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You have to slow down to speed up
Life Cheat Code #2.
It was my fault that our spaceship crashed into the meteor. My crew met a firey demise because they followed my lead.
Don’t worry. The crash wasn’t real. I’m not a spaceship captain. You knew that.
It was a simulation in a management training off-site. The all-knowing, tall, bald “right out of central casting” consultant was teaching us an important management lesson. (At the expense of my heroic crew.)
He put a hula hoop on the ground. There were seven people on my team. He gave the directions:
All seven of you must connect your bodies both on the left and right sides in order for you to survive.
You have sixty seconds to come up with a solution to avoid certain doom.
You may ask one question.
The clock starts ticking. The stress begins to mount. The consultant is banging on the table. The other teams are making loud explosion noises. One guy found a cymbal in the back room and is making metallic clashing sounds. Outside, a lawn mower is adding to the cacophony of chaos.
We need to do something fast, or we are goners. I have a headache. My mouth is dry. Everyone is looking at me. I must move fast.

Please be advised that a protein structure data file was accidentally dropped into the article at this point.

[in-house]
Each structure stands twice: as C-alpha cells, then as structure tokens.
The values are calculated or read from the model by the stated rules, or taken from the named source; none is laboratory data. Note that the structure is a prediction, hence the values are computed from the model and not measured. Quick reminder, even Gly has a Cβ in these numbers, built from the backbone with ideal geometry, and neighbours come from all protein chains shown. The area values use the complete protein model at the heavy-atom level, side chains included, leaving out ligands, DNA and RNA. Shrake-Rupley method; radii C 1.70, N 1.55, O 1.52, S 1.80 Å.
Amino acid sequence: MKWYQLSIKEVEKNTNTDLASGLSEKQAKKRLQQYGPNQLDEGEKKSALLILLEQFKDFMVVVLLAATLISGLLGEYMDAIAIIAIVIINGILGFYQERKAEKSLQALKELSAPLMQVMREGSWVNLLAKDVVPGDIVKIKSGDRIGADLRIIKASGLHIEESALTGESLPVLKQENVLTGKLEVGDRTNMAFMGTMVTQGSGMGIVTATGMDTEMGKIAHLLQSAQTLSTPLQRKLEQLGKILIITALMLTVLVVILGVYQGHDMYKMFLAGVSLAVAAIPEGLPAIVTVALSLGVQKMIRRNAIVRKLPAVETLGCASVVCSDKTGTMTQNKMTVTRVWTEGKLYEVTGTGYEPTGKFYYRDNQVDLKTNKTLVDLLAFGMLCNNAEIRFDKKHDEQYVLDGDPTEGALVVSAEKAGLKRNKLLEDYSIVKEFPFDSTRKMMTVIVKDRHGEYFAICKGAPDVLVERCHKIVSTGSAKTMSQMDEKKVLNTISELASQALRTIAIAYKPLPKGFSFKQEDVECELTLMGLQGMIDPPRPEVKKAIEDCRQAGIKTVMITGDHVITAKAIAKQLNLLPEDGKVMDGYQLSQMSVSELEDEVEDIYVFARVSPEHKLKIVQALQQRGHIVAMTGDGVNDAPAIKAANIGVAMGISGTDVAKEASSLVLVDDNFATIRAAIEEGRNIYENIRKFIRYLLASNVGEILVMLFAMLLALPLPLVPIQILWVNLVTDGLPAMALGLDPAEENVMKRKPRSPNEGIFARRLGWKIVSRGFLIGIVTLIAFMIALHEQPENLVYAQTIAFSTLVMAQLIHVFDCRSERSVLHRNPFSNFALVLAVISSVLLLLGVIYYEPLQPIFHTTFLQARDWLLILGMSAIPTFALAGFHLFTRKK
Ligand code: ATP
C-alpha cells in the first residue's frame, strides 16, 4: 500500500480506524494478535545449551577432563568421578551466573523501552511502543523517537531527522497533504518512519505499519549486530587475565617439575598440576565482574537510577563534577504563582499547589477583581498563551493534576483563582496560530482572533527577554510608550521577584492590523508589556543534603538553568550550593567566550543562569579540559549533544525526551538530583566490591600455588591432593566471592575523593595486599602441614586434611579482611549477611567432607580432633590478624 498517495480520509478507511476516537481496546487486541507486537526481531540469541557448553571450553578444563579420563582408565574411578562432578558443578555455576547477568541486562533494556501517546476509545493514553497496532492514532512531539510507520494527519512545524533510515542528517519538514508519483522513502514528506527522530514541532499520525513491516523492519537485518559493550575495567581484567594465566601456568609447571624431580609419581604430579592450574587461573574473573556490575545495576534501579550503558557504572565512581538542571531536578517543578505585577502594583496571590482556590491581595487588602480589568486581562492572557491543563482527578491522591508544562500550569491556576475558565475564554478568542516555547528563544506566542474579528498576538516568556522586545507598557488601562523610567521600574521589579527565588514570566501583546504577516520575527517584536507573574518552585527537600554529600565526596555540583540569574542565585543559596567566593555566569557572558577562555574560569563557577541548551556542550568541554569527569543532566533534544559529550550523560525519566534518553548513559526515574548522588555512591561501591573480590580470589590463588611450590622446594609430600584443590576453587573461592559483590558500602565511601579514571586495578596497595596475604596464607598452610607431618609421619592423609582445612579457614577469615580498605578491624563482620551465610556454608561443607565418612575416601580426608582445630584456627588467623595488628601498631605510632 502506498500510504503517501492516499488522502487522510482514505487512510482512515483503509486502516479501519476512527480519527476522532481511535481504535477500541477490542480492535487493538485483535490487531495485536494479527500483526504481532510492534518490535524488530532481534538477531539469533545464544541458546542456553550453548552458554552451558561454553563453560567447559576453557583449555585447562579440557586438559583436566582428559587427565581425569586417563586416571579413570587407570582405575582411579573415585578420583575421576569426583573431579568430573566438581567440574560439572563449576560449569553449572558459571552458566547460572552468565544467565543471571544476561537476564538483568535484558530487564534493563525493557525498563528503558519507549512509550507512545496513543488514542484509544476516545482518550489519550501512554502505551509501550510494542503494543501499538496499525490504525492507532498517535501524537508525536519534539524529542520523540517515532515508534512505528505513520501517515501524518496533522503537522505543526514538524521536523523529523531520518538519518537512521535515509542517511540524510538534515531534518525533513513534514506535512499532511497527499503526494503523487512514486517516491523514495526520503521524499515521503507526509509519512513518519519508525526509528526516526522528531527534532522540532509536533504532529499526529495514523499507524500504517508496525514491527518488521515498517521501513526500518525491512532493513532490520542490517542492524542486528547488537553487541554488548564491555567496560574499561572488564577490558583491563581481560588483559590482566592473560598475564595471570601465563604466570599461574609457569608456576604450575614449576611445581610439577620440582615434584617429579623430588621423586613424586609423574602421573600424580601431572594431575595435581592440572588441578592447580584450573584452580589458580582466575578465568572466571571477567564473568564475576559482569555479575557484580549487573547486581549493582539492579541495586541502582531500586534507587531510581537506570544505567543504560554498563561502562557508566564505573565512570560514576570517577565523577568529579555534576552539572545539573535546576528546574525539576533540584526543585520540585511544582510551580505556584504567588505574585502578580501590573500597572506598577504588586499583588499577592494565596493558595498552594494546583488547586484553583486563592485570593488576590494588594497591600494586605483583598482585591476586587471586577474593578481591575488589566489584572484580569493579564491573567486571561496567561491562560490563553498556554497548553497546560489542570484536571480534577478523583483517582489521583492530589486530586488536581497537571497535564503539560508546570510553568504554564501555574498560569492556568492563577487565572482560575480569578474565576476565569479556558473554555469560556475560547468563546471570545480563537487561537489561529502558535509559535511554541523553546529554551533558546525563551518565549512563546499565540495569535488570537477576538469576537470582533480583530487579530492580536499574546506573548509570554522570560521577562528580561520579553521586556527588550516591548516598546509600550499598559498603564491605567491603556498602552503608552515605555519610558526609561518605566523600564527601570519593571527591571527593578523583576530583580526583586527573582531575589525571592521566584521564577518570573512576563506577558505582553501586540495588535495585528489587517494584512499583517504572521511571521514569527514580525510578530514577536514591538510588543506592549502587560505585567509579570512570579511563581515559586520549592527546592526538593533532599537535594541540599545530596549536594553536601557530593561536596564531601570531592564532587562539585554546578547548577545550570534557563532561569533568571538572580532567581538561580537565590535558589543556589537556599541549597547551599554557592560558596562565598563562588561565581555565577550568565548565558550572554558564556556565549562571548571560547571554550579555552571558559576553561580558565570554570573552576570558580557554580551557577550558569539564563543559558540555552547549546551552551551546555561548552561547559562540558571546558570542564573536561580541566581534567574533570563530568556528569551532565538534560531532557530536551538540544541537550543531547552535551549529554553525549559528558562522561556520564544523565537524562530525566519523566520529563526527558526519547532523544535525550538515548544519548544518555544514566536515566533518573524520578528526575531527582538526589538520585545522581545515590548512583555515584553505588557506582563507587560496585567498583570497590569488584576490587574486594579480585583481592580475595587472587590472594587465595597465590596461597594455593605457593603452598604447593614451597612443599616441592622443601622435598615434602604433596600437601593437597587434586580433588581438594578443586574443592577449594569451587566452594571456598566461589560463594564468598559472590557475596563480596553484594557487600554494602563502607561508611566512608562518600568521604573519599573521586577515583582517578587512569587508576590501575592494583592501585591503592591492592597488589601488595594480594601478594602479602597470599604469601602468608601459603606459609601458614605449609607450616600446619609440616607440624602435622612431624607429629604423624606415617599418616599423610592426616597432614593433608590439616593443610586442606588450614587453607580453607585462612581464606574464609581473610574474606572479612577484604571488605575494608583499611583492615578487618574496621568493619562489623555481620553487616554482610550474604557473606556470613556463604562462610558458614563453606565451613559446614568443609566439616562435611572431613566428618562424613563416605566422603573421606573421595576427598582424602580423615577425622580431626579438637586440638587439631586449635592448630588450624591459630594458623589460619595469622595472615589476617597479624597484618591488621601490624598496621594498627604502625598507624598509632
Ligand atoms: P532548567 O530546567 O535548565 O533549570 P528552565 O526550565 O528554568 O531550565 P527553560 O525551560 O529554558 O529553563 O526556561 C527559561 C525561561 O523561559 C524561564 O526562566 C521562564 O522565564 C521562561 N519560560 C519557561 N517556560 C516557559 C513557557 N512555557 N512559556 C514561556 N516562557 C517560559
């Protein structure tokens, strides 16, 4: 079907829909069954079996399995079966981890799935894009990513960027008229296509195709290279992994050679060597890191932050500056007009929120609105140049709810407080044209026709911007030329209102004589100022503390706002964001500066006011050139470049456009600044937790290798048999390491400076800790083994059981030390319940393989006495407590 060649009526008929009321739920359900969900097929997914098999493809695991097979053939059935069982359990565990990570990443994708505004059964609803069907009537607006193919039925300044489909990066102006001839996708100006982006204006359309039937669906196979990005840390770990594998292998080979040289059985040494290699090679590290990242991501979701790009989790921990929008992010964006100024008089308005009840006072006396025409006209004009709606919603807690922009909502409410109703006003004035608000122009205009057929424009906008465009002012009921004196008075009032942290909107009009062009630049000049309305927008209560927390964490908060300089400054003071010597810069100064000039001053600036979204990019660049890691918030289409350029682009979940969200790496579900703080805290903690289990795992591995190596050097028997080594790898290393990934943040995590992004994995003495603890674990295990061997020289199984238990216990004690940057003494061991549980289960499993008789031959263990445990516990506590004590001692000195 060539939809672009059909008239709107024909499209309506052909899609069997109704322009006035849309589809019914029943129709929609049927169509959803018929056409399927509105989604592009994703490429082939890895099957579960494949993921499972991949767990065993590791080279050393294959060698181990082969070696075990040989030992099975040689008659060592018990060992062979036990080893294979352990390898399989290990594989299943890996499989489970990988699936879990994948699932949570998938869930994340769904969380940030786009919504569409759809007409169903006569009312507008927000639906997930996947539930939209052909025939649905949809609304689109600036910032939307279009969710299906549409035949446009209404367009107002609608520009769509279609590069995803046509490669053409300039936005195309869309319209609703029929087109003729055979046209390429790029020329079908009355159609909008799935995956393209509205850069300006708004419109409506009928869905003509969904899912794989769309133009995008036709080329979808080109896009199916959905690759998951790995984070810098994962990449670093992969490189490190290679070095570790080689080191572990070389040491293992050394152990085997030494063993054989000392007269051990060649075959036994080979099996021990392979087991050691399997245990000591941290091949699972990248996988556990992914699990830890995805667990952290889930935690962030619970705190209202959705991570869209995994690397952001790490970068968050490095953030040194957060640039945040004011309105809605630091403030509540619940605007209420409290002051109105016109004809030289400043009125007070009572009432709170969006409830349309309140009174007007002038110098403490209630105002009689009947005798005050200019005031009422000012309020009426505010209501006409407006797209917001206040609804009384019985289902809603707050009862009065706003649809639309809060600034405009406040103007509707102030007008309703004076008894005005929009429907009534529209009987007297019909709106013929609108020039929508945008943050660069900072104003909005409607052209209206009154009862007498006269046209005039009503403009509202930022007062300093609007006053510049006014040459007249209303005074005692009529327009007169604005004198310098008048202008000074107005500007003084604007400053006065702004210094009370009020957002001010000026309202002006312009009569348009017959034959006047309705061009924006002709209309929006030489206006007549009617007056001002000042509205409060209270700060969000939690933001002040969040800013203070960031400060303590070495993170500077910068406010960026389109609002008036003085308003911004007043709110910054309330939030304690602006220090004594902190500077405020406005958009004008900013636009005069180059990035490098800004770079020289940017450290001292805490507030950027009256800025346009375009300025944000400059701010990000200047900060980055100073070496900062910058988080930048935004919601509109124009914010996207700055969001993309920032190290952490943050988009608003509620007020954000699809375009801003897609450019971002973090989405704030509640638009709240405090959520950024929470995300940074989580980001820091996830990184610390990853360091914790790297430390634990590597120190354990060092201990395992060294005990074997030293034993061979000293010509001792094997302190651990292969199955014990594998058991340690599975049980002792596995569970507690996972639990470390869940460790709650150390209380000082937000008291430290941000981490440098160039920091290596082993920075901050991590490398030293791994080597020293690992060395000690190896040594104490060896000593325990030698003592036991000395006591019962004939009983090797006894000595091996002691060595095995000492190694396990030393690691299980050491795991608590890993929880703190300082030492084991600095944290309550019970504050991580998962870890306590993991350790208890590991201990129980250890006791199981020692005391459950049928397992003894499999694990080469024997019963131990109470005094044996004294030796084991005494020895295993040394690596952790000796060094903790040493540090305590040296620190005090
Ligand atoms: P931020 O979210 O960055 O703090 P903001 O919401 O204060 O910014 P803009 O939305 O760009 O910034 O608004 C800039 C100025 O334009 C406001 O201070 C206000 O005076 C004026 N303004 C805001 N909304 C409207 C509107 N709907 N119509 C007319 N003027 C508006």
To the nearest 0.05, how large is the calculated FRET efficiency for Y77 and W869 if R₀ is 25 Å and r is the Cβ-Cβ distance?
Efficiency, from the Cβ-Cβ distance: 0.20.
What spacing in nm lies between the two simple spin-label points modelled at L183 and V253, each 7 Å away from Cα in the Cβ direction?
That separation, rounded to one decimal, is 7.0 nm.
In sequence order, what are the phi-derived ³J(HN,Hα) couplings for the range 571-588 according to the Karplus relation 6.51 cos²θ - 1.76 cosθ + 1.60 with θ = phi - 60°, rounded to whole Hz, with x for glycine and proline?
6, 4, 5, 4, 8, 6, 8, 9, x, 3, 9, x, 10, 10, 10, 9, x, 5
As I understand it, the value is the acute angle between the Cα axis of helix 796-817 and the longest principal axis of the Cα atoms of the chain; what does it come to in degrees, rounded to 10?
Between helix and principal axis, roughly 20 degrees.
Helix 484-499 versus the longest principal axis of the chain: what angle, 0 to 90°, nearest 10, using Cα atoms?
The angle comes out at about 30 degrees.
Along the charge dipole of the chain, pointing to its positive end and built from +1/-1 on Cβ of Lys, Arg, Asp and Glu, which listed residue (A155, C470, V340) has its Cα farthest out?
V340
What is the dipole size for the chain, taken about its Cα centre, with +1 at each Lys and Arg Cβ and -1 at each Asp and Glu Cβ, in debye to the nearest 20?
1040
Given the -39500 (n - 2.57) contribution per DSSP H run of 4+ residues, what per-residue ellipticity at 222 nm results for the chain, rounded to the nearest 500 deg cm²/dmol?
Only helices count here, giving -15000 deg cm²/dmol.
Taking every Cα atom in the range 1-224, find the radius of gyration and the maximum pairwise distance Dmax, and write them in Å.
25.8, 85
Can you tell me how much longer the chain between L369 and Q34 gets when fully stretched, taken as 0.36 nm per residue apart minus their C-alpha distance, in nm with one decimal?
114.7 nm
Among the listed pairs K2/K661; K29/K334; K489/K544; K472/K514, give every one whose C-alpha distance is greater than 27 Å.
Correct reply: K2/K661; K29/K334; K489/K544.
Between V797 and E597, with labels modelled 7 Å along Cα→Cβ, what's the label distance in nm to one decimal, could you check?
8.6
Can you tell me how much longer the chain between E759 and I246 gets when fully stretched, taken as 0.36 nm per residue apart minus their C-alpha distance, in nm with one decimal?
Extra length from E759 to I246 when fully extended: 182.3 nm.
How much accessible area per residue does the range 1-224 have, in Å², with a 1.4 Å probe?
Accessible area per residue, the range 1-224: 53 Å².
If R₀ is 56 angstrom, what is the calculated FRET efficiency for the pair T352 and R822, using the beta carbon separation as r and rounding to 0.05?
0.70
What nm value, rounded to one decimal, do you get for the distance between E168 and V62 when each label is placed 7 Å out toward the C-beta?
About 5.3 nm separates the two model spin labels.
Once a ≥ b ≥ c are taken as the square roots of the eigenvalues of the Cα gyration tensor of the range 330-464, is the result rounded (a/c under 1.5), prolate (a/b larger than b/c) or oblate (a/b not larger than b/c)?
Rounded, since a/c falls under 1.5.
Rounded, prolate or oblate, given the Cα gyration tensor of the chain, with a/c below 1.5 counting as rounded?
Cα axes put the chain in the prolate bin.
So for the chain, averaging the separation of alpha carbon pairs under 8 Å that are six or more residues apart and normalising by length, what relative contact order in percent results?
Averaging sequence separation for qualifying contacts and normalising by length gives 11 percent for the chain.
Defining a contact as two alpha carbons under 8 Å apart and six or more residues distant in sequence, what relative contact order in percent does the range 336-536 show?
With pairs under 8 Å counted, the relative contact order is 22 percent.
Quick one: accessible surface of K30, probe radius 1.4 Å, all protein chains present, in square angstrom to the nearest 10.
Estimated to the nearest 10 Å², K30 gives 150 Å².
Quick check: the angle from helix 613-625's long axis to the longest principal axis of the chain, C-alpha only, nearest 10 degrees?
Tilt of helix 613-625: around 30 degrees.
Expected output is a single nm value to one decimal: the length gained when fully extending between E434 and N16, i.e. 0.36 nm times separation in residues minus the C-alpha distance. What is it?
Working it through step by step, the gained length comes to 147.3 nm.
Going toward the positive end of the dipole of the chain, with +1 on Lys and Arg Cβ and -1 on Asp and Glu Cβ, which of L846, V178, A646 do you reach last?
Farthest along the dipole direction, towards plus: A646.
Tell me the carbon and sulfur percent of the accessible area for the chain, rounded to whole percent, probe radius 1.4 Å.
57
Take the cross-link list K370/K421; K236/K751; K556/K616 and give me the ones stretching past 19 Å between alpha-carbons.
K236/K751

My one question is, “Does the solution include a circle?” In retrospect, that was pretty obvious.
The Consultant answers, “Yes.”
I think. There are seven of us. The hula hoop is small. If we all get inside the hula hoop and stand shoulder to shoulder, we will all be touching, and we will survive.
I shout the command with confidence.
The team moves quickly. We have made it in time.
We smile at each other. We’re safe.
The whistle blows. The consultant points to each of us. One by one.
Dead. Dead. Dead. Dead. Dead. Dead.
And lastly, he points at me. He says, Killer.
Wait. What? How did I fail?
First, I didn’t understand the context. I didn’t do my research. I jumped to the first question that came to mind. I missed the fact that there was a trap inside the hula hoop. It was a portal that sucked us directly into the meteor shower.
Second, I didn’t think about alternative solutions. Duh! We could have held hands outside of the hula hoop.
And last, I didn’t ask any of my teammates for ideas. They might have had a better question or a better solution.
I moved too fast because the clock was ticking, and I felt the pressure to act.
I focused on getting to a solution versus getting to the right one.
The consultant ended the simulation with a smug look on his face. Sure, he has done this before! “Sometimes you have to slow down to speed up”
Hmm. That is an interesting way to put it.
Do you ever find yourself in a situation where you move too fast just so you can keep moving?
It happens to me all of the time at work.
I go with the first idea because we have a deadline. I pursue a strategy to solve the symptom, not the root cause. I stop listening and start solving the minute I hear a problem, and it’s not really the problem that needs solving.
Sure, I try to remind myself about the fateful day at the management seminar, where I killed my team because I moved too quickly. It made a real impression on me. Unfortunately, too often, I forget.
I’m wondering, are you good at this? How do you keep your eyes on the important bigger picture when you have so many urgent details to manage?